The four-party Sher Bahadur Deuba government during these seven months has been unable to show itself to be any different from its predecessors Chand and Thapa governments. At least, they had managed to hold talks with the Maoists. But the incumbent does not seem able even to do it, let alone achieve a negotiated settlement, as its deadline for the rebels to come for talks is elapsing this Thursday. Deuba had claimed time and again that he, rather than anybody else, knew Maoists “better,” and hence was equipped to bring peace. The CPN-UML too had joined the government on the single agenda of bringing about a political solution and holding the elections. They had demanded “transfer of executive authority to the Cabinet.” The King “did” it in specific terms. The CPN-UML declared the Deuba government a “partial correction of regression,” and Deuba even claimed, contrary to general opinion, that his appointment under Article 127 amounted to his “reinstatement.”
Where are we now? Even the hope the Chand government had initially raised is gone now. Besides, the public is justified in questioning this government’s ability to make deals on the future road map for Nepal while coalition partners are crossing swords even on a minor issue such as choosing the central bank’s governor. Meanwhile, Bhim Rawal, a CPN-UML representative in the advisory and support sub-committee of the High Level Peace Committee, has resigned, citing “serious differences over the entire peace process.” But CPN-UML’s deputy prime minister Bharat Mohan Adhikari says it would make no difference to the peace process, adding that the CPN-UML would not quit the government over these issues, though its leaders have threatened to pull out over the governor issue.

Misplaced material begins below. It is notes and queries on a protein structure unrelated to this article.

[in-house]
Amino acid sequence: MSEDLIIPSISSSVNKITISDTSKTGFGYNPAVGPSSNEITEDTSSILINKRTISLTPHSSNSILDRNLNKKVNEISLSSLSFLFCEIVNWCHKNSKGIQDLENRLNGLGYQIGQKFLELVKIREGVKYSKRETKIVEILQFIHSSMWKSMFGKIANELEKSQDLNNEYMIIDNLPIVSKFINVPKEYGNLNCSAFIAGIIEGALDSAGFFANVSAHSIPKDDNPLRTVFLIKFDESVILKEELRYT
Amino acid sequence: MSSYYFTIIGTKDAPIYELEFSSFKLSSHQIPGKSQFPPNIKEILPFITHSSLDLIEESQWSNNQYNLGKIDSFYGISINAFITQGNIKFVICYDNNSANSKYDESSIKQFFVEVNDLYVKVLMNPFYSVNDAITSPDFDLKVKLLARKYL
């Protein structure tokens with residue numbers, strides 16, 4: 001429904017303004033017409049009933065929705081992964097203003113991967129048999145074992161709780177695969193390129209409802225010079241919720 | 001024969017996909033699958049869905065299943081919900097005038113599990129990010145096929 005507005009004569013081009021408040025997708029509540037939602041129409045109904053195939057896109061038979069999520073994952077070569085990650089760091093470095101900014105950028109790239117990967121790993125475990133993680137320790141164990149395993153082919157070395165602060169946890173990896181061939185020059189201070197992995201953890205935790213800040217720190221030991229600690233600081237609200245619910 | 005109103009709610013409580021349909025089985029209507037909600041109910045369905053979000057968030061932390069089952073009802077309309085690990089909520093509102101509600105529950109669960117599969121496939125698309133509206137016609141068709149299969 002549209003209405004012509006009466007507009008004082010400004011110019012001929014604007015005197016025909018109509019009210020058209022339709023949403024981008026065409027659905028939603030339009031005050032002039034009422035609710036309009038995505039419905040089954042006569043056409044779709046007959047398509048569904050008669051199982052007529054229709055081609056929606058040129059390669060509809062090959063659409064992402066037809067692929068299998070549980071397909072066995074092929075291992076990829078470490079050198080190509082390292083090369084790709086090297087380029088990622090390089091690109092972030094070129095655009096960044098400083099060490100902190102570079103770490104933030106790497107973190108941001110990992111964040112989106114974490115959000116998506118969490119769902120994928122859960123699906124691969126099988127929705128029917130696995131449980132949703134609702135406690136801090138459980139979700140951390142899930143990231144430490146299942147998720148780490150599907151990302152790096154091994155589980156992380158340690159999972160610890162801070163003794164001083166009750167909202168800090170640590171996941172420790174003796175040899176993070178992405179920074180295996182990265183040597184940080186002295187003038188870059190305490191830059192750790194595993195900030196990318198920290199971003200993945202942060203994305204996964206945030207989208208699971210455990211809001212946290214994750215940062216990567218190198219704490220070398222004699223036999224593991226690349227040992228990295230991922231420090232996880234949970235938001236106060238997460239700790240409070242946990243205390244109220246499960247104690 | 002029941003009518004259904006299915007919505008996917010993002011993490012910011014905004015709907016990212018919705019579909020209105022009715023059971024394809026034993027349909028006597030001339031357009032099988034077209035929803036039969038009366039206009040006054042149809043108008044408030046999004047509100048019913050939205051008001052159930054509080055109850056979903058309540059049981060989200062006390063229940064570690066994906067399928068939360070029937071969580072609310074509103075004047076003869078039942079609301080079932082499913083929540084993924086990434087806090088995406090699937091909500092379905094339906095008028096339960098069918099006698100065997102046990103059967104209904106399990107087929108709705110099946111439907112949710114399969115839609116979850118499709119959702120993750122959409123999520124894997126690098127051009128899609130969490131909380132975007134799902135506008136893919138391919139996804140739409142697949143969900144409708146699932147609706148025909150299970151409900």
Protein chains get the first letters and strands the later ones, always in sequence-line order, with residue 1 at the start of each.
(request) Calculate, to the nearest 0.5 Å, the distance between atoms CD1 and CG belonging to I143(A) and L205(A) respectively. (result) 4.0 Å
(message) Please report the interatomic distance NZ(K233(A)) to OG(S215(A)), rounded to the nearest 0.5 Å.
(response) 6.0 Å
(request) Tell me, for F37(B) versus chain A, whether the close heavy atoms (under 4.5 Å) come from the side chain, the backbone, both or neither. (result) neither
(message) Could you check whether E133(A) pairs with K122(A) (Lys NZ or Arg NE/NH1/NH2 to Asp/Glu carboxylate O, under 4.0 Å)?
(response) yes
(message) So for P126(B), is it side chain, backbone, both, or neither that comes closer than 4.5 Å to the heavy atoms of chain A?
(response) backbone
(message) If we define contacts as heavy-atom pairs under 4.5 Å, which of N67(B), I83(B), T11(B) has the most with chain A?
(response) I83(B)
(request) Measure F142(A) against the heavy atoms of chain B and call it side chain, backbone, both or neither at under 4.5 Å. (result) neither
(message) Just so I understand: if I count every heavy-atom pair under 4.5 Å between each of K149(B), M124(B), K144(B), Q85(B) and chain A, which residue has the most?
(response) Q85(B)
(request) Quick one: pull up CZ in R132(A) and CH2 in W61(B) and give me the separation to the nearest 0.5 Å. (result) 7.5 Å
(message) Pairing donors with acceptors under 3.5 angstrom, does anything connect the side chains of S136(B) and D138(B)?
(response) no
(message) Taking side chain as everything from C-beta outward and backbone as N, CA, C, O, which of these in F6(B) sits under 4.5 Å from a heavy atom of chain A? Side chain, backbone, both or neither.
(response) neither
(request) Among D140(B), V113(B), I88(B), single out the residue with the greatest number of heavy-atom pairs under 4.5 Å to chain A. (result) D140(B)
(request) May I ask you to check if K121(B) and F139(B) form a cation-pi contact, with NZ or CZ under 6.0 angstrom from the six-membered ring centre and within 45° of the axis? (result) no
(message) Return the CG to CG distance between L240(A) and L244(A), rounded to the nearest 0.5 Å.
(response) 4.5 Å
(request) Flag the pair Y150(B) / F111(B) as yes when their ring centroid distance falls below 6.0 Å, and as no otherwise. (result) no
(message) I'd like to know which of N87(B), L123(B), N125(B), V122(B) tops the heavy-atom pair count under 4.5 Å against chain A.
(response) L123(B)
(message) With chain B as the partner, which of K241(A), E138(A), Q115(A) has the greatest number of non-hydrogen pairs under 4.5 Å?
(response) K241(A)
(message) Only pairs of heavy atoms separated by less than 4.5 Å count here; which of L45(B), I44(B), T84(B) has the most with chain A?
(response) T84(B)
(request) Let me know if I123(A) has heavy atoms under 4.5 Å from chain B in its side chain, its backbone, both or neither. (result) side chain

Elsewhere, the party’s general secretary Madhav Nepal, pointing to the “ announcement” of elections in Chaitra, the last month of the Nepali calendar year, has indicated that the CPN-UML would leave the coalition if the peace talks did not get off the ground before that. He said there would be no point in the CPN-UML continuing in power if “its agenda” was not accepted. Issuing frequent threats to Deuba and then going back on them have been the striking features of the CPN-UML and its ministers. The people seem to have stopped giving attention to them. The CPN-UML entered the coalition and agreed to the Common Minimum Programme (CMP) it had a hand in crafting and it accepted the royal mandate to hold elections by restoring peace to the extent possible. Therefore, the CPN-UML just cannot escape from the blame that is likely to fall on this government for its failure to restore peace or at least to hold the polls, by blaming Deuba or by abandoning his ship which seems to be sinking fast.